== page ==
Sid's thought-provoking article just begins the work of cataloguing its potential significance.  He notes that parties could negotiate their way out of positive injunctions, and courts could uphold such settlements up to the point at which the payments demanded become extortionate.  The challenging law of substantial performance becomes much easier if we can determine the reasonable ex ante price for completed performance.  From this perspective, the court's requirement of the $60,000 cost of completion in Groves v. John Wunder Coseems extortionate, given that the value of the land was only $12,000.  I would like to think that Sid would side with Judge Cardozo in Jacobs and Young v. Kent.  But I think Peevyhouse remains a tough case because of the willfulness of the breach of the non-economic value of the property to the Peevyhouses.  I wonder how Sid thinks Alaska Packers should have come out, if we think of that case as involving an improper threat. If the workers had overcome their consideration problem by offering to reduce their take per fish caught in exchange for $100 in base pay, would that have been improper blackmail or lawful bribery?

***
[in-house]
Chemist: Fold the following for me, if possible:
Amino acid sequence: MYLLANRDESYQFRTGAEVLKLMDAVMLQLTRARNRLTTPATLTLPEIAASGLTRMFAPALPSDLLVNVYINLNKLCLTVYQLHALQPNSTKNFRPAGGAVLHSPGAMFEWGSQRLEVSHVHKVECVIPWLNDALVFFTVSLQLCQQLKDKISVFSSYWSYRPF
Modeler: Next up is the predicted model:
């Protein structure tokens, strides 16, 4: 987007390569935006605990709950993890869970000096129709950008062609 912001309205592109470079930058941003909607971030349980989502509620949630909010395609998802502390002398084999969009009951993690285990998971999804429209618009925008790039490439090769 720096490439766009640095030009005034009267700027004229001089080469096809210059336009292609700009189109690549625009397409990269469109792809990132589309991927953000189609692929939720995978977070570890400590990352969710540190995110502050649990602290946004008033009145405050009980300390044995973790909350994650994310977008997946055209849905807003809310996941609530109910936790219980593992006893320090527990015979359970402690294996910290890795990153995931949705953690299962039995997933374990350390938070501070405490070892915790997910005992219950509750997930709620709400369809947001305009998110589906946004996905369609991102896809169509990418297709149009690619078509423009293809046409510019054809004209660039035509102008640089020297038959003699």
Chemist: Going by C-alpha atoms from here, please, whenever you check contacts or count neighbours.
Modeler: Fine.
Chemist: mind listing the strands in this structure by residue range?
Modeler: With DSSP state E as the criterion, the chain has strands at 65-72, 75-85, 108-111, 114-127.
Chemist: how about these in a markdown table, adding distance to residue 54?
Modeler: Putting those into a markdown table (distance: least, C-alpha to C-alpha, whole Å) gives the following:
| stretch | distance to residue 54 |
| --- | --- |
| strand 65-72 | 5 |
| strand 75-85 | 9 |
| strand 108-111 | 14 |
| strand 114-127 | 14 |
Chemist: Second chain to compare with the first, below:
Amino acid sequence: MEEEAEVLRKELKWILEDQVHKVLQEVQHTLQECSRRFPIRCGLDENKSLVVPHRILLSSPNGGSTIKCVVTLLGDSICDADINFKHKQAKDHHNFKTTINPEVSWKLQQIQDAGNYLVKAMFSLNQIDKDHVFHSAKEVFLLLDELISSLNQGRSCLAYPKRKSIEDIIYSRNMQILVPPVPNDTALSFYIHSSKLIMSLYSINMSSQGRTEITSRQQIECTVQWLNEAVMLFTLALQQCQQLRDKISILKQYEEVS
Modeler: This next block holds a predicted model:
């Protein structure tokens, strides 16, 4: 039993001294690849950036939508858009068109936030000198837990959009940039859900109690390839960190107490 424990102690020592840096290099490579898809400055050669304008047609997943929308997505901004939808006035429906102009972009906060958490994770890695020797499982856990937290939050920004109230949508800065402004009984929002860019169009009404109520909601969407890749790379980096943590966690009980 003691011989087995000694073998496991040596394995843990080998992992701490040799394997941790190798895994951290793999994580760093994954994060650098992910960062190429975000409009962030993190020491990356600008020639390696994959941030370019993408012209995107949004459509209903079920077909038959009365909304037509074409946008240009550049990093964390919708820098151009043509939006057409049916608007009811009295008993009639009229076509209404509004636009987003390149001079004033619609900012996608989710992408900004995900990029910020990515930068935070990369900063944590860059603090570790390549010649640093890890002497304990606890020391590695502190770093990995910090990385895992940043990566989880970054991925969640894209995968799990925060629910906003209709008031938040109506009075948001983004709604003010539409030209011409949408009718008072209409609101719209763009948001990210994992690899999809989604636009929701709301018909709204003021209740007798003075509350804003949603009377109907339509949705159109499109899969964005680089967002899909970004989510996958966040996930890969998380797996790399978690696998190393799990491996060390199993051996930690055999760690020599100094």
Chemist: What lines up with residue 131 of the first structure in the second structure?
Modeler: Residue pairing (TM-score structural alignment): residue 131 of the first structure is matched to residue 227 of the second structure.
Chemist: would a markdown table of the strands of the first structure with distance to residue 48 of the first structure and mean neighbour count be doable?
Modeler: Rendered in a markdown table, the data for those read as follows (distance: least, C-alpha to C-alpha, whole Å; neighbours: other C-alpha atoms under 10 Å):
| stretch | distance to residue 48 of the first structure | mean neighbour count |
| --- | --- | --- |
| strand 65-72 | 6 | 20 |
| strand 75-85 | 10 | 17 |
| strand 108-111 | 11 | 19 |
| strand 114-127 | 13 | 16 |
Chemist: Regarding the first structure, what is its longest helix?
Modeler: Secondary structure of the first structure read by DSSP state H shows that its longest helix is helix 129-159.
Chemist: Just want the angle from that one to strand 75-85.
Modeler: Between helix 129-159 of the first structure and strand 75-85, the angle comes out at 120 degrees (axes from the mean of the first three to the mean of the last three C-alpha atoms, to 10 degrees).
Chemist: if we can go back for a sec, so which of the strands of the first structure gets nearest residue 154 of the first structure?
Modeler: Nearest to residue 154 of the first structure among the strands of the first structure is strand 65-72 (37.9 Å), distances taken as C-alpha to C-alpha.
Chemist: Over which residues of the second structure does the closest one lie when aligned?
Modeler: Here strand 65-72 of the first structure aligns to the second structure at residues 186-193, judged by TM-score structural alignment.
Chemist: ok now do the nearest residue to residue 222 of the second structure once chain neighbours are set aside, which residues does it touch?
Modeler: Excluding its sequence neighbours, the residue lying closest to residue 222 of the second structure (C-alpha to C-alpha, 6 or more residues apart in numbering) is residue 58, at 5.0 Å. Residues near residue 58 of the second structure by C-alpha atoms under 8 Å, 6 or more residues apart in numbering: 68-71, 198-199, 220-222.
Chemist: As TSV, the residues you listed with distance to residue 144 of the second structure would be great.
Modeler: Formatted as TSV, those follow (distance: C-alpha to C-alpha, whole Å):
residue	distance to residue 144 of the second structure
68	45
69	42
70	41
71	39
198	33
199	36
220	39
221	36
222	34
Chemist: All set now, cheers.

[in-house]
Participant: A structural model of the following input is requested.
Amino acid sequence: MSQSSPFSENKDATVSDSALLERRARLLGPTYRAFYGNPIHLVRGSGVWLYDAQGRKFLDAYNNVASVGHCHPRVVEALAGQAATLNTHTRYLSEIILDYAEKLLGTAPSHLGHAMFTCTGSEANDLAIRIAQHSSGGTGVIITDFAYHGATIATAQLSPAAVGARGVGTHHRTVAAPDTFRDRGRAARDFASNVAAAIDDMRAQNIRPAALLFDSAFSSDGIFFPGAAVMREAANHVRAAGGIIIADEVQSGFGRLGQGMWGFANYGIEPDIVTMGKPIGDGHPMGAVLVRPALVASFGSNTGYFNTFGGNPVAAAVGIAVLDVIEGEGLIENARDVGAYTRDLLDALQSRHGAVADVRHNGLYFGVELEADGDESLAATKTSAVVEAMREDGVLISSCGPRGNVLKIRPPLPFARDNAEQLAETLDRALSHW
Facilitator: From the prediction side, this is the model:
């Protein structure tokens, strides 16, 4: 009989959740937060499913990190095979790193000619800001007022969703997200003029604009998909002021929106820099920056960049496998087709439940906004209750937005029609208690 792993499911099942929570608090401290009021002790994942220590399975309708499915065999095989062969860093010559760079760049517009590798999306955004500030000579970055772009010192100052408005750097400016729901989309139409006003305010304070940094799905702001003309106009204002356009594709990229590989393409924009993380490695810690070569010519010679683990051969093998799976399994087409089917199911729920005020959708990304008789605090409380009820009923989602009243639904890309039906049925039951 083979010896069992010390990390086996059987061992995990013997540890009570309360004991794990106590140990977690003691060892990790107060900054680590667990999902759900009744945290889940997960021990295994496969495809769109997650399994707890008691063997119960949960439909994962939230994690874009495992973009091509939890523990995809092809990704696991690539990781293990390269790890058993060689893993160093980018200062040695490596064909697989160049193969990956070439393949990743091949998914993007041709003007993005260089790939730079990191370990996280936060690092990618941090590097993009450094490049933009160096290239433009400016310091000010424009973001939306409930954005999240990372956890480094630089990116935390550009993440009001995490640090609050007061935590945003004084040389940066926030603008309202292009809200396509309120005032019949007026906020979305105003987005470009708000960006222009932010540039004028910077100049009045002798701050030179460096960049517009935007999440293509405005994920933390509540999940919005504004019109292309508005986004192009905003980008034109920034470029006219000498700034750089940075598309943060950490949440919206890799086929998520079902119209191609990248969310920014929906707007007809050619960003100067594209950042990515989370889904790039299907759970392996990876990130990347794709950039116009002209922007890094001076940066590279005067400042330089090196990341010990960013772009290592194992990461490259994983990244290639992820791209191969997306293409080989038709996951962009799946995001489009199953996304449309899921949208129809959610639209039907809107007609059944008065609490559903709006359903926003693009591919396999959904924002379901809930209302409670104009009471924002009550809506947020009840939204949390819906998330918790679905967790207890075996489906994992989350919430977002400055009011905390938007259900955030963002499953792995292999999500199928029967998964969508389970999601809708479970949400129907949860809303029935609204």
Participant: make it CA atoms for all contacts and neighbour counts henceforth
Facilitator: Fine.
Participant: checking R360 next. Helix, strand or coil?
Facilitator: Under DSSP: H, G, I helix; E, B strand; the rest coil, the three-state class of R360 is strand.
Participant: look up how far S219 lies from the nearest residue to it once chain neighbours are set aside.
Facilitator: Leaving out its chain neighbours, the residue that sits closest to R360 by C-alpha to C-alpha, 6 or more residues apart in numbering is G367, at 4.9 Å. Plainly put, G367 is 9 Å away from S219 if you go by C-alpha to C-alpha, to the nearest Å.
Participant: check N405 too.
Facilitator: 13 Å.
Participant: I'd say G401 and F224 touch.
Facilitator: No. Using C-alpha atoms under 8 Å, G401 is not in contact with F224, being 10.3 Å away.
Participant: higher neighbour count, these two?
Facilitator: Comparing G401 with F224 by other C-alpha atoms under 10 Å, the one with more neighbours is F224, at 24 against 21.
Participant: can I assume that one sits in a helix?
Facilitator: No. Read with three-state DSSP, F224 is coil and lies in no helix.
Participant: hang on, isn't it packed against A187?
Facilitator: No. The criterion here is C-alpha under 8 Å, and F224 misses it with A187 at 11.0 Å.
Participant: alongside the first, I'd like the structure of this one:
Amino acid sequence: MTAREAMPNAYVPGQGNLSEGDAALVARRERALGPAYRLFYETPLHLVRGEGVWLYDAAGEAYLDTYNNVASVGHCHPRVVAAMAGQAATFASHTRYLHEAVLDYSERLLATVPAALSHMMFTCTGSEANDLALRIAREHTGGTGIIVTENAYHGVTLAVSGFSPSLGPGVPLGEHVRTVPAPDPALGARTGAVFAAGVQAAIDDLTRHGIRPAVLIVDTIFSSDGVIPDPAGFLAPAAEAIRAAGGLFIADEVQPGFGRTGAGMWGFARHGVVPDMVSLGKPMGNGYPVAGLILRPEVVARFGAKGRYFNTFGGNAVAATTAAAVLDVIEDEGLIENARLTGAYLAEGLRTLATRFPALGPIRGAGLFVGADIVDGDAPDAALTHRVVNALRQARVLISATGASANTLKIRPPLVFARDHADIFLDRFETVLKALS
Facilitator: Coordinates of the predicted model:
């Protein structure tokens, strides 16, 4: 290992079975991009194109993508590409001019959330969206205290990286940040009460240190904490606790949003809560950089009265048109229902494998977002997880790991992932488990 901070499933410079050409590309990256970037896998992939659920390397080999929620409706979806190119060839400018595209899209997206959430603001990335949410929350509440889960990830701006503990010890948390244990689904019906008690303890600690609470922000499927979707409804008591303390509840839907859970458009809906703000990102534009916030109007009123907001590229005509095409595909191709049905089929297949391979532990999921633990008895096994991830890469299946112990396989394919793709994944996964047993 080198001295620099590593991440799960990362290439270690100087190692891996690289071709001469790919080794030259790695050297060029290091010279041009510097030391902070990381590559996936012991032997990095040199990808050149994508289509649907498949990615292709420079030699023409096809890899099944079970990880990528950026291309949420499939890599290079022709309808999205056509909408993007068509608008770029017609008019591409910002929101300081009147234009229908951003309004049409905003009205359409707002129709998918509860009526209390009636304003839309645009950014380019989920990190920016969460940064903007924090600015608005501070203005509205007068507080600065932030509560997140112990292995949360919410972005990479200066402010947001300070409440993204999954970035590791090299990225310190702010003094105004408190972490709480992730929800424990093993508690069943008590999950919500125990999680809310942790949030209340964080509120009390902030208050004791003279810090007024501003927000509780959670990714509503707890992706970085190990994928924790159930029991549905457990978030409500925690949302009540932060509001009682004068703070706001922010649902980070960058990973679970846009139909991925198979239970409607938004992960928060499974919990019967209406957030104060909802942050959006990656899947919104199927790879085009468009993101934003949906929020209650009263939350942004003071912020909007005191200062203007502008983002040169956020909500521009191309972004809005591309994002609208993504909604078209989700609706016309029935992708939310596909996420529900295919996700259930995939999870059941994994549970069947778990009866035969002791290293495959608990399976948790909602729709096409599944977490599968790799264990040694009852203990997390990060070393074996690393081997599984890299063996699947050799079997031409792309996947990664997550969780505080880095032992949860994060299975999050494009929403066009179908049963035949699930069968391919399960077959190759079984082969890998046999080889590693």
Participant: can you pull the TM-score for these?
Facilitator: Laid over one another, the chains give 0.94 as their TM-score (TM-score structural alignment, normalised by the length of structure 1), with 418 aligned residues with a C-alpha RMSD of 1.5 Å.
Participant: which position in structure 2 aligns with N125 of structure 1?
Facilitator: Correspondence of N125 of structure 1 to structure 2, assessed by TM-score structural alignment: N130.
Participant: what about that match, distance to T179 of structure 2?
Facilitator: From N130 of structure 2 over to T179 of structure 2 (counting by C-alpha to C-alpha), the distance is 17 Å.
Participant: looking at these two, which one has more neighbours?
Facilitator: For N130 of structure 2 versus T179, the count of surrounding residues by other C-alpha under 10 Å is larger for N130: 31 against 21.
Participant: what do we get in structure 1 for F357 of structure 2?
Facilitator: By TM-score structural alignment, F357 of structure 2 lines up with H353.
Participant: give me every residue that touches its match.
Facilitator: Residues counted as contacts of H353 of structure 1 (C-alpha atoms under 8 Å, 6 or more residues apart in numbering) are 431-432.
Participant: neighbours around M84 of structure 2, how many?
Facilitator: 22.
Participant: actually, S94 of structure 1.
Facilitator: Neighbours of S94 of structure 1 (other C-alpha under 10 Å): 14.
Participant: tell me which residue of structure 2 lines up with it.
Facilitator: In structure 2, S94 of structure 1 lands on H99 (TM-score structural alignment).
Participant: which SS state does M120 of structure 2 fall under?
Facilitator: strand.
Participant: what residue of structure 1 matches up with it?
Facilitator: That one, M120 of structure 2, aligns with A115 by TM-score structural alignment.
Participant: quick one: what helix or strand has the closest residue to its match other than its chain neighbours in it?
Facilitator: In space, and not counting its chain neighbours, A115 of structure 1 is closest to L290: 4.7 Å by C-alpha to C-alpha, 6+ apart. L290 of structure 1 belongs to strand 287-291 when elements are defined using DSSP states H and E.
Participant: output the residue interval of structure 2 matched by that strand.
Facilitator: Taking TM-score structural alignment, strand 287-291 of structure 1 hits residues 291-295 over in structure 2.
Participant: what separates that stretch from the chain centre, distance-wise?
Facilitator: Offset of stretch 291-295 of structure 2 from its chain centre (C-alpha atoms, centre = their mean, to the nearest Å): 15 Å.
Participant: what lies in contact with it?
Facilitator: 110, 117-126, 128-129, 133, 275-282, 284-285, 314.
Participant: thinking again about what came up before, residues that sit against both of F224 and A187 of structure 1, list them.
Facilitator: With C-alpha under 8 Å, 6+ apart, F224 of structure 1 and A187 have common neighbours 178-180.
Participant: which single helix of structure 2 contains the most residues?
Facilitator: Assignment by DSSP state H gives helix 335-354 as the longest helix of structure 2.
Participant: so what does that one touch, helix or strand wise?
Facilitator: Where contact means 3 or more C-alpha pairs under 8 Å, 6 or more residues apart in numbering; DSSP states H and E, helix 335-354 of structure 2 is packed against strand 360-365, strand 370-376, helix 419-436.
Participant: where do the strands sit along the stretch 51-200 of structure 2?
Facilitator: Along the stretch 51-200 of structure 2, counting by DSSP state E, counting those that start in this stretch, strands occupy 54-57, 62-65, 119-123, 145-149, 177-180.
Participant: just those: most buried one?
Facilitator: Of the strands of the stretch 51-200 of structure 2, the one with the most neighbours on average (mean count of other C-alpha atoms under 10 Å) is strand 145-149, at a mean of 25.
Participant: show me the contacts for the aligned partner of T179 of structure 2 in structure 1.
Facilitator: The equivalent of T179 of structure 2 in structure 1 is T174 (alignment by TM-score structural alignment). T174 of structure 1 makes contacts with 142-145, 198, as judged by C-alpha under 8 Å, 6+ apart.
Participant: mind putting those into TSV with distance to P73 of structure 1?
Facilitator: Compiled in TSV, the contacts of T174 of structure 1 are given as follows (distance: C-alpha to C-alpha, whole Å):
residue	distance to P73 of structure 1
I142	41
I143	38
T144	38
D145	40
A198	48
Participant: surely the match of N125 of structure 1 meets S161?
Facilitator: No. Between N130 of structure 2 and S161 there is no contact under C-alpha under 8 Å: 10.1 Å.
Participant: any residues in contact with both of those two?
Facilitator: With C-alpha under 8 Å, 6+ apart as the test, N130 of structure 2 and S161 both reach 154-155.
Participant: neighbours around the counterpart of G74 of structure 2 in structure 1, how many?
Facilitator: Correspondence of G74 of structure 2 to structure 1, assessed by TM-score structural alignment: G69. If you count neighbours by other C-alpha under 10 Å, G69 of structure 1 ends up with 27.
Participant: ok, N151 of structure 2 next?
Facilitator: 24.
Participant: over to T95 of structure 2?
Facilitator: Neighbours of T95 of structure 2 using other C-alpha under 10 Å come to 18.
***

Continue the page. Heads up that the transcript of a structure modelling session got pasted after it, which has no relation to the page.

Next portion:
As usual, Sid has given me a lot to think about and a lot of novel takes on contracts doctrine that I can share with my students.  Sid is cautious and does not overreach.  He acknowledges that his unjust enrichment approach will not suit every case, and the prohibition on threats might retain some usefulness, despite its over- and under-inclusiveness, in deterring deliberate, knowingly extortionate threats where the costs of forbearance are hard to calculate.

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I offered a few thoughts on the relationship between nondisclosure agreements and extortion in another article no one has ever heard of, Paradigm Shift: #MeToo and the Paradox of Secrets Bribery, 52 U. Pac. L. Rev.7 (2020). I suggest there that how we think of blackmail and bribery may have less to do with abstract ideas than with the sorts of narratives we imagine as examples. The use of nda's by villains instead of prototypical blackmail victims, and their use against victims of sexual violence rather than against greedy blackmailers has caused a reversal of polarity in the ethical justifications of criminal laws that no longer seem so comforting when we imagined the law of blackmail protecting, e.g., innocent but guilt-ridden white men like ourselves. All this is in aid of a briefly sketched theory of the role of paradigmatic narratives in legal consciousness.

Posted by: Sid DeLong | Mar 1, 2022 3:28:39 PM